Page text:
Film: 7590

London | 1940 | Sound | B/W


The London Underground in the 1940's
St. Paul's Cathedral stand in the middle of the bombed City during World WarTwo. The Emblem of London Transport appears across this view. Then, as a train sweeps by, credits. A record of the opening of the Eastern Extension of London Transport's Central Line from Wanstead to Newbury Park.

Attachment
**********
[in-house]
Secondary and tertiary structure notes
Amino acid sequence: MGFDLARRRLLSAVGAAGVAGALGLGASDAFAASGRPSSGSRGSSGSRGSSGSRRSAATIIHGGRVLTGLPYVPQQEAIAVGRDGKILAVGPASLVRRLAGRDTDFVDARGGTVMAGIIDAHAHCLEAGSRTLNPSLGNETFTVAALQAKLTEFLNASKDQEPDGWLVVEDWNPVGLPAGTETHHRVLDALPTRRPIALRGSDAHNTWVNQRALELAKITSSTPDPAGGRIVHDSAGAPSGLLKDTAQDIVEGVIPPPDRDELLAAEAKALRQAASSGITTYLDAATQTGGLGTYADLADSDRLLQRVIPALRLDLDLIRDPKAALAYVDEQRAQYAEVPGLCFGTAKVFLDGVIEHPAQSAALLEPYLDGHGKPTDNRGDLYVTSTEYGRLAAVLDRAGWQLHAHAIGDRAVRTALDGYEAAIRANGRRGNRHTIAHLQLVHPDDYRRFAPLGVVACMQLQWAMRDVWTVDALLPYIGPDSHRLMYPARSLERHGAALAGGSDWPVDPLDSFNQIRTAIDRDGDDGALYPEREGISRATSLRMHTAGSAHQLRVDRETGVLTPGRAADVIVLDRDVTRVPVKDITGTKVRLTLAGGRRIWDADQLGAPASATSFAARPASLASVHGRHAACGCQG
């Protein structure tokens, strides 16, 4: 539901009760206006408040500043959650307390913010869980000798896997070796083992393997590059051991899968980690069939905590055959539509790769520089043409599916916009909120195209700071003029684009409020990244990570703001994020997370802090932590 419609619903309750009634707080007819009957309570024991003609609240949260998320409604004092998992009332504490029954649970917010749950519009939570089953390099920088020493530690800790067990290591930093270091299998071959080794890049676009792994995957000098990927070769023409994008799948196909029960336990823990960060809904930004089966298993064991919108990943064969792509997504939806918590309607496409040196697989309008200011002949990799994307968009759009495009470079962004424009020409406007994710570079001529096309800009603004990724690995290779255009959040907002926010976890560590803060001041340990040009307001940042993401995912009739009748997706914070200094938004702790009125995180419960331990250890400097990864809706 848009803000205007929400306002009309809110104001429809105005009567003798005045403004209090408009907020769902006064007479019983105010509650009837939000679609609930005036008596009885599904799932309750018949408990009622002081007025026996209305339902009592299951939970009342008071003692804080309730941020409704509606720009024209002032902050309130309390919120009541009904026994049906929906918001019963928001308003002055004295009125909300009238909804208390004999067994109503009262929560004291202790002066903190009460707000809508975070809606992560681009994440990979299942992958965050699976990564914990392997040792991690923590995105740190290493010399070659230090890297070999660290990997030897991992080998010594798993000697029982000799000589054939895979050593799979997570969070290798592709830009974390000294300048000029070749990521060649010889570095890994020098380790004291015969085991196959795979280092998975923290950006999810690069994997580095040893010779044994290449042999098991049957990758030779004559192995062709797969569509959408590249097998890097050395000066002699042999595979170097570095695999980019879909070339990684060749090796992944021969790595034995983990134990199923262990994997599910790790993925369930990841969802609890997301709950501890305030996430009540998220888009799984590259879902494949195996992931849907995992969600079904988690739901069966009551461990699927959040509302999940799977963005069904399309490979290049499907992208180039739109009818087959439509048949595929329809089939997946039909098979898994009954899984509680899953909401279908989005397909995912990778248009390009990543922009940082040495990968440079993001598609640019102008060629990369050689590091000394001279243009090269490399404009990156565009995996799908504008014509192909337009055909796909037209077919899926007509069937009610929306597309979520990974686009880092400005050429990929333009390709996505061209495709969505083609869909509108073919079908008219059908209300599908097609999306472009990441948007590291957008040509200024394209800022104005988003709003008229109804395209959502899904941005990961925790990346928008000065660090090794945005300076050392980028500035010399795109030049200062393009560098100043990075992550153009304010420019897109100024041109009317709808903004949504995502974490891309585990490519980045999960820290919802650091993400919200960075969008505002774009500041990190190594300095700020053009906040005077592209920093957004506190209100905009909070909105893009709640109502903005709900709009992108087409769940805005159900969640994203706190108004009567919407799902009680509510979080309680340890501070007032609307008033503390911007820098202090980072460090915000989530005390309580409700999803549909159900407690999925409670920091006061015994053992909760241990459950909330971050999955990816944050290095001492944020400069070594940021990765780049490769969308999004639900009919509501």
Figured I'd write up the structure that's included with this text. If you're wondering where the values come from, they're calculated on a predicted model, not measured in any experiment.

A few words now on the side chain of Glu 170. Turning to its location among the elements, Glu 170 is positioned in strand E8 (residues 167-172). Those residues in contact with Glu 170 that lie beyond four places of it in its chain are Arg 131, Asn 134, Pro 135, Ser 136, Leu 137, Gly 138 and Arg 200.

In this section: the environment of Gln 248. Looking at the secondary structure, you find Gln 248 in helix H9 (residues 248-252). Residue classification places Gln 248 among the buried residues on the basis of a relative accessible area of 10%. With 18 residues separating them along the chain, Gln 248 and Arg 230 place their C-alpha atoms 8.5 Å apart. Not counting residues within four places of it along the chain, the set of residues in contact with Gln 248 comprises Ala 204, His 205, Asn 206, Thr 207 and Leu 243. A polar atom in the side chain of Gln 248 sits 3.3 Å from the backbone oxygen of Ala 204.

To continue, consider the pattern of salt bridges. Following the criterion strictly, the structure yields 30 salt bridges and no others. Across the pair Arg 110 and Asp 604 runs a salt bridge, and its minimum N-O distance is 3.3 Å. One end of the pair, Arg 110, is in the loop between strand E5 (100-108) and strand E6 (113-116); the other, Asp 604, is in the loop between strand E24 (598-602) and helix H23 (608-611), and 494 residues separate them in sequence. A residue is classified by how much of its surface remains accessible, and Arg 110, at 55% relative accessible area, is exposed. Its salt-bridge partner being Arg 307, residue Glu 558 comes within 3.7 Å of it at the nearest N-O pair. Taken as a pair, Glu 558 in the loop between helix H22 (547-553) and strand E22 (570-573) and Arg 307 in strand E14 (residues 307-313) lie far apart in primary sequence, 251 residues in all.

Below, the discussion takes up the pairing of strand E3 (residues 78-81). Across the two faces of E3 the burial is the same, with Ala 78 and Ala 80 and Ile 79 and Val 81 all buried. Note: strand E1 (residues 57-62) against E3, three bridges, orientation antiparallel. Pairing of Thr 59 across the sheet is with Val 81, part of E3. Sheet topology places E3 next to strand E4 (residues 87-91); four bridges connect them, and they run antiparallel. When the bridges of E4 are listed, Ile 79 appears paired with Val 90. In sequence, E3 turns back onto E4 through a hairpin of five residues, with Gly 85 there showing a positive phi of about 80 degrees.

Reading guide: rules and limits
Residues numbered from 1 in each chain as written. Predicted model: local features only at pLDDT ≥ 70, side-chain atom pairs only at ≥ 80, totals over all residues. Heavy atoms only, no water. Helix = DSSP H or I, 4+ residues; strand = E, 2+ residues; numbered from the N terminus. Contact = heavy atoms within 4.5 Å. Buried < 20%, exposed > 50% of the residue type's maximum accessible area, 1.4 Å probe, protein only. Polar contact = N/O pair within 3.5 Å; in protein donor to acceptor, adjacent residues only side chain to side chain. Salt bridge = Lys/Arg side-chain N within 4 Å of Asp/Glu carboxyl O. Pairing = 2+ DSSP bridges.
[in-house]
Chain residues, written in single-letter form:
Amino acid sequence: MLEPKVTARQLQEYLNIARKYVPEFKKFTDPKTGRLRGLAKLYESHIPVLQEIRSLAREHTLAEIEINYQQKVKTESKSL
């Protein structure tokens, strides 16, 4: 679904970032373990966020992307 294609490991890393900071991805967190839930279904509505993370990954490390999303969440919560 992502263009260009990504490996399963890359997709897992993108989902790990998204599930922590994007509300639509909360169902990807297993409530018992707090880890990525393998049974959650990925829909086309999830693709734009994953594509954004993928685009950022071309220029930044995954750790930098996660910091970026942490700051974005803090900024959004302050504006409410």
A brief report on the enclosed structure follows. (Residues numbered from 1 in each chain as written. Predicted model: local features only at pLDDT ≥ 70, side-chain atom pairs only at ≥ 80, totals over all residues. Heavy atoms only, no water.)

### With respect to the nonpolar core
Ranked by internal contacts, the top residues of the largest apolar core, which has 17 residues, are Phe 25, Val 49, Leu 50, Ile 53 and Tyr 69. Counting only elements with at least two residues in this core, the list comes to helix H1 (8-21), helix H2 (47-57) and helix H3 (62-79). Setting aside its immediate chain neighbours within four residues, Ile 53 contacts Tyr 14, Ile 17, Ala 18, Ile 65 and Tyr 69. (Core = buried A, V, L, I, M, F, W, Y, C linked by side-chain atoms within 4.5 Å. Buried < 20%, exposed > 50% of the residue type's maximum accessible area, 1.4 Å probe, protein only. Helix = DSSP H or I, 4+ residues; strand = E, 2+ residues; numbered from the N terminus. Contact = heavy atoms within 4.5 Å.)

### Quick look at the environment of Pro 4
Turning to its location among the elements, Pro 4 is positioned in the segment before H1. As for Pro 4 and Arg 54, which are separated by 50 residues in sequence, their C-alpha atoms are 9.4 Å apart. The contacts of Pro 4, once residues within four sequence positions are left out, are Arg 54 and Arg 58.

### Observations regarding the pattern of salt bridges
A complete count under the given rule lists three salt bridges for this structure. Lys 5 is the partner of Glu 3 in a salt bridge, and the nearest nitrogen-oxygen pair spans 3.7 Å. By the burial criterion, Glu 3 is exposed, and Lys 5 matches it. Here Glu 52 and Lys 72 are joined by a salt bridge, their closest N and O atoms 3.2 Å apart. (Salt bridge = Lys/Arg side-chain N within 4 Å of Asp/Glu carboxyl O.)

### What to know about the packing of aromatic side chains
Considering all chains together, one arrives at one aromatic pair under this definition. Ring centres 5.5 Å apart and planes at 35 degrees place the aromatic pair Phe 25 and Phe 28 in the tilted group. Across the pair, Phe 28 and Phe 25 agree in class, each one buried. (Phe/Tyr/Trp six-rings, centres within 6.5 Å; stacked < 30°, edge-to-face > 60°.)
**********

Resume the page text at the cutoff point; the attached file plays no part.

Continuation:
The camera closely follows a railway line. Above it appear the names of the new Central Line stations opened shortly after the Second World War, each encased in its London Transport logo: Bethnal Green, Mile End, Stratford, Leyton, Leystonstone (in the East) and Hanger Lane, Perivale, Greenford (in the West). A middle-aged man in coat and spectacles reads a speech at a station opening - the Rt. Hon. Alfred J. Barnes, M.P., then Minister of Transport. He declares open the Newbury Park and Woodford extension of the Central Line. He inserts a key into a hole and 'Golden Gates' at the head of the railway line open up. There a train marked 'To Newbury Park' moves away, Around the keyhole a sign reads: 'Opening of the Line from Leystone to Newbury Park 12th December 1947'. The next sequence illustrates the problems and pressures on transport and railways that accentuated the extension of the line. Crowds in the 1930's wait on a very crowded platform. They are waiting for the Eastern railways and LNER trains of the time - then the 'most extensive network of suburban services ever known' (voice-over). A steam train pulls into the station as the packed crowd waits. As the steam train departs an 'electric train' runs alongside - a temporary solution to alleviating overcrowding, 'no more than a breathing space'. Workmen toil with picks and shovels to service the railway line as the voice-over explains the inadequacy of existing services to meet the demand. As he speaks another trains rushes past. When it is gone, pre-war semi-detached houses appear by the railway line.